The UK's white spaces radio-sharing framework could be a taste of things to come for other parts of the spectrum. By I.D. Scales.
UK regulator Ofcom is going to institute a spectrum sharing arrangement for those little white spaces between TV channels that have been getting everyone excited for the last five years or so. And it is to arrive next year.
All this was expected by the industry of course, but Ofcom's most recent announcement outlines the technical framework and gives a final green light for late next year. The idea is that WiFi-like services could take advantage of the attractive characteristics of spectrum in the 470 MHz and 790 MHz range, where the bandwidth generated is not necessarily fast or broad, but does go a long way and through walls. For that reason it's been identified as a good thing for M2M and Internet of Things applications and is being targeted by the likes of Nuel (see - TV white spaces targetted for M2M-optimised radio tech
) and also for rural broadband.
But the implications of Ofcom's spectrum sharing approach might be broader - if it works there will be cries for it to be applied in other bands.
The licensed monopoly approach to spectrum allocation has been creaking for a decade or so (some would say much longer). It's easy to see why. Time was when it was only prudent - from a regulatory point of view - to carefully farm out frequency bands for different uses with strict conditions attached because of all the scope for interference. But with highly intelligent radio networks and end-devices, all driven by software, the old arrangements are starting to look unfit for purpose.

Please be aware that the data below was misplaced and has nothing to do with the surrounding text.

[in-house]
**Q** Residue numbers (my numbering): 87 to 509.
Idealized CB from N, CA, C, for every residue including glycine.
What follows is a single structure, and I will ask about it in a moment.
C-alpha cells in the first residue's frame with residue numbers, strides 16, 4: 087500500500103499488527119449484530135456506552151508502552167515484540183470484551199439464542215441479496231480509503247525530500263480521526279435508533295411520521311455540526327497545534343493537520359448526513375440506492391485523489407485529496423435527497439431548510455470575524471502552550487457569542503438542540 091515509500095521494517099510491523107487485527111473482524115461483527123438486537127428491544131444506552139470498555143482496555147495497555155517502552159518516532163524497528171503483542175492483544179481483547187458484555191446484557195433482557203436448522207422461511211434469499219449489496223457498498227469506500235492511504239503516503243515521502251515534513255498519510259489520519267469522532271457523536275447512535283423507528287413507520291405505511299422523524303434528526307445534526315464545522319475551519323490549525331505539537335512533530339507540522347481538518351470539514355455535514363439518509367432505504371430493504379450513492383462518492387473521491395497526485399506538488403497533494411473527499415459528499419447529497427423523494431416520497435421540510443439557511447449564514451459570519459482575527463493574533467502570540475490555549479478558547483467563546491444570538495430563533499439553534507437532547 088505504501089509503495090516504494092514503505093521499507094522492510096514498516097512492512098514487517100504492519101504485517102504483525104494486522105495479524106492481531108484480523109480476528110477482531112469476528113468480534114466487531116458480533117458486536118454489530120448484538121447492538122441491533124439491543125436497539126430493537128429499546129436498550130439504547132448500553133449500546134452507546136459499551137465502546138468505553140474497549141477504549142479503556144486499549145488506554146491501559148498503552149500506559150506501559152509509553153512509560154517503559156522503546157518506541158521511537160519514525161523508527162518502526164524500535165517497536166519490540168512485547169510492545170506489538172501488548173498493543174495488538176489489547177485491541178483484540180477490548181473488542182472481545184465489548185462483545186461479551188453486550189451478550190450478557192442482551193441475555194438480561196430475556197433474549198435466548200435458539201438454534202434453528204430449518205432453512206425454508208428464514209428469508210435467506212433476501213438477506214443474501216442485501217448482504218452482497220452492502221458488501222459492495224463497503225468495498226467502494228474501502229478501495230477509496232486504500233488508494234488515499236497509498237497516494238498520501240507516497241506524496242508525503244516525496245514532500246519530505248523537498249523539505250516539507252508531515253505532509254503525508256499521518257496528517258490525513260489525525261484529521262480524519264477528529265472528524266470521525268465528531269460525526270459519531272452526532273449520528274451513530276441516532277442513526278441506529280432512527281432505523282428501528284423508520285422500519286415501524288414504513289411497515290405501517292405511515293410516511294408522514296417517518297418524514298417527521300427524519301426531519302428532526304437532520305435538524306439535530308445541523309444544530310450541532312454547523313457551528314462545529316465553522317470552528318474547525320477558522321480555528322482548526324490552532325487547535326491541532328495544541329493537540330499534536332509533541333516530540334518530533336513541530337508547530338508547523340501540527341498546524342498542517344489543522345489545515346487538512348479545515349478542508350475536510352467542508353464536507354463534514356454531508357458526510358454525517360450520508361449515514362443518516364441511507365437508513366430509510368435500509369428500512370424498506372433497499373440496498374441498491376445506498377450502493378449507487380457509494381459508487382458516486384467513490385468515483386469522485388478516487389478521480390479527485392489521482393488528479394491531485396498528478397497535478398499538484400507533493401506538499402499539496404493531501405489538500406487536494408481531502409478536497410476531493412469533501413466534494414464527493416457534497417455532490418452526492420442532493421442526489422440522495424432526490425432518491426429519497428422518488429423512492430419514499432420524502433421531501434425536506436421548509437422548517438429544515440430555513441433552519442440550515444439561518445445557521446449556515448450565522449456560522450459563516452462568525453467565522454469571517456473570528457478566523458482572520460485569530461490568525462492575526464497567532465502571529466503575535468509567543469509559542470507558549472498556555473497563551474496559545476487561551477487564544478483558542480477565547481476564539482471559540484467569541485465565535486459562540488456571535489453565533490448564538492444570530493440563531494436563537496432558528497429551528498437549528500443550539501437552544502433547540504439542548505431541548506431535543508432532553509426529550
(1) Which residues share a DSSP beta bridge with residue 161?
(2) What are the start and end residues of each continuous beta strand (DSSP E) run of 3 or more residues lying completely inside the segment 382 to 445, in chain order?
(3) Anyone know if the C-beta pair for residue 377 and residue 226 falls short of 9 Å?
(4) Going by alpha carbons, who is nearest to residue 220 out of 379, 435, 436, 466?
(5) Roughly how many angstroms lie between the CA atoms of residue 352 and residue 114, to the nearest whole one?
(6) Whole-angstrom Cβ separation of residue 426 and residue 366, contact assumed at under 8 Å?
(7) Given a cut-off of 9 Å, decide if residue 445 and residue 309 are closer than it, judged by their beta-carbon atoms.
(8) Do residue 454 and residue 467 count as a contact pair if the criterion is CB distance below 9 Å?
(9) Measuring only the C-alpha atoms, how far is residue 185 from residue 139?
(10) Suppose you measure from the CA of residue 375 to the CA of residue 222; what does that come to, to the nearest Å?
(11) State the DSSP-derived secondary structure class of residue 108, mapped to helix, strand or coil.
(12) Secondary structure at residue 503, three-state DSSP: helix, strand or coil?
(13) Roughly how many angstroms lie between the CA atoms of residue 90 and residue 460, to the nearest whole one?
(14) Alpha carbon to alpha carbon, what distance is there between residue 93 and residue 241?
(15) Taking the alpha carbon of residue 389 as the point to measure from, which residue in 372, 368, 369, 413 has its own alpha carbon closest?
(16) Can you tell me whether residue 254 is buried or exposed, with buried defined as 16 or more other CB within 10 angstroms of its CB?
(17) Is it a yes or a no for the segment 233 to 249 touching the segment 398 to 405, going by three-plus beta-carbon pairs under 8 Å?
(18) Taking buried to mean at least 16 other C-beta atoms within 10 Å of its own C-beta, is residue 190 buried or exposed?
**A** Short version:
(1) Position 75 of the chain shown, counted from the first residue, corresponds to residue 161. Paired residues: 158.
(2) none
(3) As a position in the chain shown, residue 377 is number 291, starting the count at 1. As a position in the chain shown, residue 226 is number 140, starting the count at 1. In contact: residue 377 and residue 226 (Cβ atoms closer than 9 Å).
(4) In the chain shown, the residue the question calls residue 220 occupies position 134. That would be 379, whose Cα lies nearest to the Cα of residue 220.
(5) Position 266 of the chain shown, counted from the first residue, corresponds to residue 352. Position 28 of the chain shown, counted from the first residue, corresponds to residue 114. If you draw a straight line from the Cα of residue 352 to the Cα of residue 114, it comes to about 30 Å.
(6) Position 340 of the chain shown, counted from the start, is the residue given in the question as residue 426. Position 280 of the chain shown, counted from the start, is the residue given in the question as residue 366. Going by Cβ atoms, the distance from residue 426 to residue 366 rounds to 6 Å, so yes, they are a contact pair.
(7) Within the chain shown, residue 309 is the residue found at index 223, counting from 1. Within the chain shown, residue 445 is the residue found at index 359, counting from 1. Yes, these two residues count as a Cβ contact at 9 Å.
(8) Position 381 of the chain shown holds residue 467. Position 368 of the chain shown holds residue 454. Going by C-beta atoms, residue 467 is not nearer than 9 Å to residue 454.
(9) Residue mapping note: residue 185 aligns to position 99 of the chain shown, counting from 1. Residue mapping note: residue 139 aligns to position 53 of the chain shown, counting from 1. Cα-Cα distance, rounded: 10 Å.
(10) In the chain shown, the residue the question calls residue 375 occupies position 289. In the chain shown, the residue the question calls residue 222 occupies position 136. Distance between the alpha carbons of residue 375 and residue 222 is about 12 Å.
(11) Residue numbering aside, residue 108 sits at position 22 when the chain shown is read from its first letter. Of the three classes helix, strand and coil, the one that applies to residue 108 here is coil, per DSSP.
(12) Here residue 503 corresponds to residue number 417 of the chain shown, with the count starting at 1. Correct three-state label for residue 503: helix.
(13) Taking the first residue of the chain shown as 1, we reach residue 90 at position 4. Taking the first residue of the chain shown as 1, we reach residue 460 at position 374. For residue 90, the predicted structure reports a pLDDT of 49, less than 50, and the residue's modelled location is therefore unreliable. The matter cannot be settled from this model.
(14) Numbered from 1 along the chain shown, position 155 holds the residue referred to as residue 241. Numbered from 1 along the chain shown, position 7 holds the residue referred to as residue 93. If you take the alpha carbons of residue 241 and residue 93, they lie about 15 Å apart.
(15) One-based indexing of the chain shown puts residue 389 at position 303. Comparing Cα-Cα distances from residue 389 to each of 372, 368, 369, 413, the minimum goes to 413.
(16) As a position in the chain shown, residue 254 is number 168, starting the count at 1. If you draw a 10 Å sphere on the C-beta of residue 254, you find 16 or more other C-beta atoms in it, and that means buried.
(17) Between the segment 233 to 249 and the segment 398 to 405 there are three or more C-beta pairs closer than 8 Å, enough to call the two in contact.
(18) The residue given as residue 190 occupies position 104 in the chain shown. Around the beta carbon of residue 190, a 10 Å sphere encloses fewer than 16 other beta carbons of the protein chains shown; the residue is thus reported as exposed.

As the demand for wireless applications and capacity continues to grow (although not as quickly as some would have us believe) and the rate of development and change continues to accelerate, the industry has been giving serious thought to how the available spectrum might be utilised to the max.
More dynamic arrangements allowing different networks to use spectrum in different ways in different geographies seems to make a lot of sense. Spectrum sharing in other words.
Needless to say, this is highly contentious since it threatens the basis of existing radio network business models.
This is how it will work in the case of UK white space allocation. There will be no need for the licensing of devices in the old sense. Instead, they will perform a 'lookup' (presumably on a specific frequency using a specific protocol) on an online database to get permission to transmit. The database will have information on where geographically, and at what power levels, particular slivers of spectrum can be used. It will then give permission to go (or not). Devices will have to check in to the database every 24 hours to continue transmitting . The databases will be licenced by the regulator and will presumably be run by the specific operators delivering the white space services.
In the UK all this is expected to gel next year with the first services up and running at the end of 2013.
If it works wonderfully well there will be pressure to apply the same sharing rules to other chunks of 'spare' spectrum as and when these become available.
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